Steve Biddulph column | Dadding around

We know a lot now about how beneficial dads are for kids.

By Steve Biddulph

One of the good things about being old is that I can figure out exactly what I should have done 40 years ago, after finally having time to think about it.

It’s definitely true for fathering – if I could have it over again, I would do it so differently. Although in parenthood this also applies to the last 24 hours too!

Being a man and a dad, there are some key things to remember (and hello to all dads reading this, much love to you).

Almost always, we men are the largest and loudest person in the family. We don’t think of it that much but it’s a key feature for everyone else, especially the littlies. So a dad often sets the mood in the whole house when he is around. For good, or for ill.

I am not sure if you remember being a small boy and your dad kind of looming like a mountain wherever he went. So the ‘weather’ on that mountain had a big effect on you. Sunny was wonderful, stormy was not good.

Luckily my dad was gentle, because he was also huge. I remember being in the bath, and him coming into the bathroom for a pee – it was like being beside Niagara Falls!

But mostly with dads it’s their voices that kids are aware of. When researching my book Raising Girls, I discovered that some girls have far more acute hearing and they hate it when dad is too loud, and love it when he speaks gently. Our idea of normal sounds like shouting to them, and that sets off their adrenaline.

Being very serious for a moment, somewhere deep down a small child knows that an adult that big could badly hurt them. This only comes into awareness if they ever see us really out of control, but then that memory remains with them for life. A boy who is hit is three times more likely to hit his wife when he grows up. Luckily people who read magazines about parenthood are generally pretty gentle, but some of us remember being a child in a home like that.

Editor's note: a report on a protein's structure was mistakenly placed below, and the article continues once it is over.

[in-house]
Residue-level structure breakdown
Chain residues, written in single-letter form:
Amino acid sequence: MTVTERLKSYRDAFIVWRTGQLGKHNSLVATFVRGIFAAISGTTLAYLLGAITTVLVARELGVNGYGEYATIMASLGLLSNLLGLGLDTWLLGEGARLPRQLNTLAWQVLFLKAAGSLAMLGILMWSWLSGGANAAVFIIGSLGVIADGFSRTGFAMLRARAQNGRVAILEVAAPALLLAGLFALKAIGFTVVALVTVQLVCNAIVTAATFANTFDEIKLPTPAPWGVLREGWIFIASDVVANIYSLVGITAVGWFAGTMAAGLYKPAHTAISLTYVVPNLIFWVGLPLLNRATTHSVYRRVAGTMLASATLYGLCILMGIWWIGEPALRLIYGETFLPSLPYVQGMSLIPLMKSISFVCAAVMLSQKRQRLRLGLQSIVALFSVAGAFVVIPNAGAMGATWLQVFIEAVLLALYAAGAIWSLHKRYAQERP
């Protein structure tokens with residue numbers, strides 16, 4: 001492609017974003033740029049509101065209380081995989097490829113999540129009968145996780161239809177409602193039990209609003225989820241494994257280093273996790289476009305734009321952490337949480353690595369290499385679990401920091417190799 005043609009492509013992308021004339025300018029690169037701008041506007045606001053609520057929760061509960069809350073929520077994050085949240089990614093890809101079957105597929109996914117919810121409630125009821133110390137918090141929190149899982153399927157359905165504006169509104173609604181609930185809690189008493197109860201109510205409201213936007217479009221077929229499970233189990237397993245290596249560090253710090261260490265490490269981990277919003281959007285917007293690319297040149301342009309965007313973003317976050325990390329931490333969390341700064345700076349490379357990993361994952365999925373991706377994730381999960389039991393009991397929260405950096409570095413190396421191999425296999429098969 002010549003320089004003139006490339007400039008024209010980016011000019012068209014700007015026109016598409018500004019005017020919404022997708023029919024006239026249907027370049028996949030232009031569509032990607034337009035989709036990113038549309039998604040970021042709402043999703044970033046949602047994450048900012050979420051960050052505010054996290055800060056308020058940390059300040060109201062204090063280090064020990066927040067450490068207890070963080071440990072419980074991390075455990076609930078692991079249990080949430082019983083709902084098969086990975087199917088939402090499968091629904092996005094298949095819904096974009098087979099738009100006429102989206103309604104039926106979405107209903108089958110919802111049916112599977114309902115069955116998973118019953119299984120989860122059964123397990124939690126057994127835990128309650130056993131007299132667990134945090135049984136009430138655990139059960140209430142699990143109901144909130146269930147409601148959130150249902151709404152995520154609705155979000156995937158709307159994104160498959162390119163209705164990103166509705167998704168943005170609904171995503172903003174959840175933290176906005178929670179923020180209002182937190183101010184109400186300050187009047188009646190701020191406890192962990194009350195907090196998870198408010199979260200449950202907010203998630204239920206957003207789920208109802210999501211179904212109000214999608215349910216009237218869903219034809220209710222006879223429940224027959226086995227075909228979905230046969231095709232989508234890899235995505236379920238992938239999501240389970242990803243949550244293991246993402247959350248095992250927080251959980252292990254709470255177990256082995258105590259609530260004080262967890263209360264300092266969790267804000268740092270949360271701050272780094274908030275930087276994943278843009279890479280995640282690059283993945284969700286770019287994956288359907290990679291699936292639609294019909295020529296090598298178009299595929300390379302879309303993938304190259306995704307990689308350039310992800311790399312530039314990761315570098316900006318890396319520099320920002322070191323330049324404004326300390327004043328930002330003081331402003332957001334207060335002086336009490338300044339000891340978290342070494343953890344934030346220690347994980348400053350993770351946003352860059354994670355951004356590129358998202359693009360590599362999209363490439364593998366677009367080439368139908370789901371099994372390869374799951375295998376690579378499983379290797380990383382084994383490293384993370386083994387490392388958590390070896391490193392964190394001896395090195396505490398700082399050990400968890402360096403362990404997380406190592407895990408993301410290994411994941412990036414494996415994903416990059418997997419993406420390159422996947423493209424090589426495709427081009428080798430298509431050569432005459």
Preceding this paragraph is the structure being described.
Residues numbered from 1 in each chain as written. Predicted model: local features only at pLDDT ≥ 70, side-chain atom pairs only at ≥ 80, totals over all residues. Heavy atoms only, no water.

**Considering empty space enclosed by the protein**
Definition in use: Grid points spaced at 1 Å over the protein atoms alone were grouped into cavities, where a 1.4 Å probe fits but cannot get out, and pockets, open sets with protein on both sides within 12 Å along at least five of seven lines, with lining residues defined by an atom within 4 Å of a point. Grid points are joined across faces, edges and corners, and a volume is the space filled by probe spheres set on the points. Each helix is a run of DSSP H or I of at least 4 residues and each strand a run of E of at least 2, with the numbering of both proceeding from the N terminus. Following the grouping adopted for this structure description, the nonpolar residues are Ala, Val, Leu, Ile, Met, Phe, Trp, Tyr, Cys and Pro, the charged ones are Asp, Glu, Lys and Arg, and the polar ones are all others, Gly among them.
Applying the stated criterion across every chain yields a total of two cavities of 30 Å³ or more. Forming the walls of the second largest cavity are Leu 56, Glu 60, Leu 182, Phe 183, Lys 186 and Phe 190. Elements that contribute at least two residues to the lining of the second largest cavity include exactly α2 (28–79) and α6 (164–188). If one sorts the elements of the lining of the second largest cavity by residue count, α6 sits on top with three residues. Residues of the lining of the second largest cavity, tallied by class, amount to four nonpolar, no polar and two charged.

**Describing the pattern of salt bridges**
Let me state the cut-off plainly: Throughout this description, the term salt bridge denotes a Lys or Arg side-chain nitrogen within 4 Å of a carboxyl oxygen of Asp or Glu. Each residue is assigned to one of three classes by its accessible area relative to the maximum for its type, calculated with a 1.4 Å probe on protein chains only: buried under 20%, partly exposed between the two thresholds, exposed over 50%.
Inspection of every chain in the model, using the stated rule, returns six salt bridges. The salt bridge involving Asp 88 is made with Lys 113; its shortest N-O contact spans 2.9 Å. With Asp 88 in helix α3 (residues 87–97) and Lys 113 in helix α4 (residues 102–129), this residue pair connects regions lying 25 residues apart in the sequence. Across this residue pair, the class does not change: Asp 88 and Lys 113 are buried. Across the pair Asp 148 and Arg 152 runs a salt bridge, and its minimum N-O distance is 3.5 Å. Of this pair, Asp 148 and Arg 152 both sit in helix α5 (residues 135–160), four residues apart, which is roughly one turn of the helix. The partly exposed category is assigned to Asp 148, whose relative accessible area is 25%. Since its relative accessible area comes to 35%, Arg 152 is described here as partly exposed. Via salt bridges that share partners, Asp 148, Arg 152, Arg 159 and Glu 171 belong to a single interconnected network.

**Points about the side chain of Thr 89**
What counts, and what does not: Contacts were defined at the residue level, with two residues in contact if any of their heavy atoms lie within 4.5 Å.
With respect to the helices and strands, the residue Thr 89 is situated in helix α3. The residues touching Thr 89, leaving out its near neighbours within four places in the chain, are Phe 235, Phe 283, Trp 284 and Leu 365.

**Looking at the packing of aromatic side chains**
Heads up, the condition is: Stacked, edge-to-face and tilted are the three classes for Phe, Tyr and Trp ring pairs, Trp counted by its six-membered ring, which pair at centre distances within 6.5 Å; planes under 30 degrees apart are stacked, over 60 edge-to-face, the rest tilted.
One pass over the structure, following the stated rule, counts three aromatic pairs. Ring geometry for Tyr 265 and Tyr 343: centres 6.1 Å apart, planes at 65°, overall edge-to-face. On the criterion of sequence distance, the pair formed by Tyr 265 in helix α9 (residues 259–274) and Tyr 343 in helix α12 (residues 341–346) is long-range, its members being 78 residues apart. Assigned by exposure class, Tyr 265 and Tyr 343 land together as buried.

For most of us, it’s just anxiety that we bring too much of into the family environment.

I am pretty sure I spent the years between 28 and 48 – my parenting years – being always that bit too rushed, worried about being a provider, radiating a feeling of ‘person doing urgent and important things’. And kids pick up on that. If I had that time over again, I would dial it way down, trust that we’d get by, and just plain enjoy life more, and give them more of the feeling that life was fun, at least most of the time.

We did have lots of fun. My kids had me around a lot more than many dads, and I was affectionate and close to them, but I was still too wound up.

So my take home message? You’ll have your own view, but my idea of a wonderful dad is someone who young kids think hasn’t a worry in the world. He is amiable, slow, takes time with them, listens, and is good fun, while also being clear about boundaries. He is good mates with their mum. Only when they get older do they figure out you did all that other stuff like saving the world. And be impressed that you never let on!

Steve’s renowned talks on Raising Boys and Raising Girls are now being hosted online. Have a look at his website for more info.

Steve Biddulph AM,

Author – 10 Things Girls Need Most, Raising Girls, Raising Boys.

Complete Secrets of Happy Children, and The New Manhood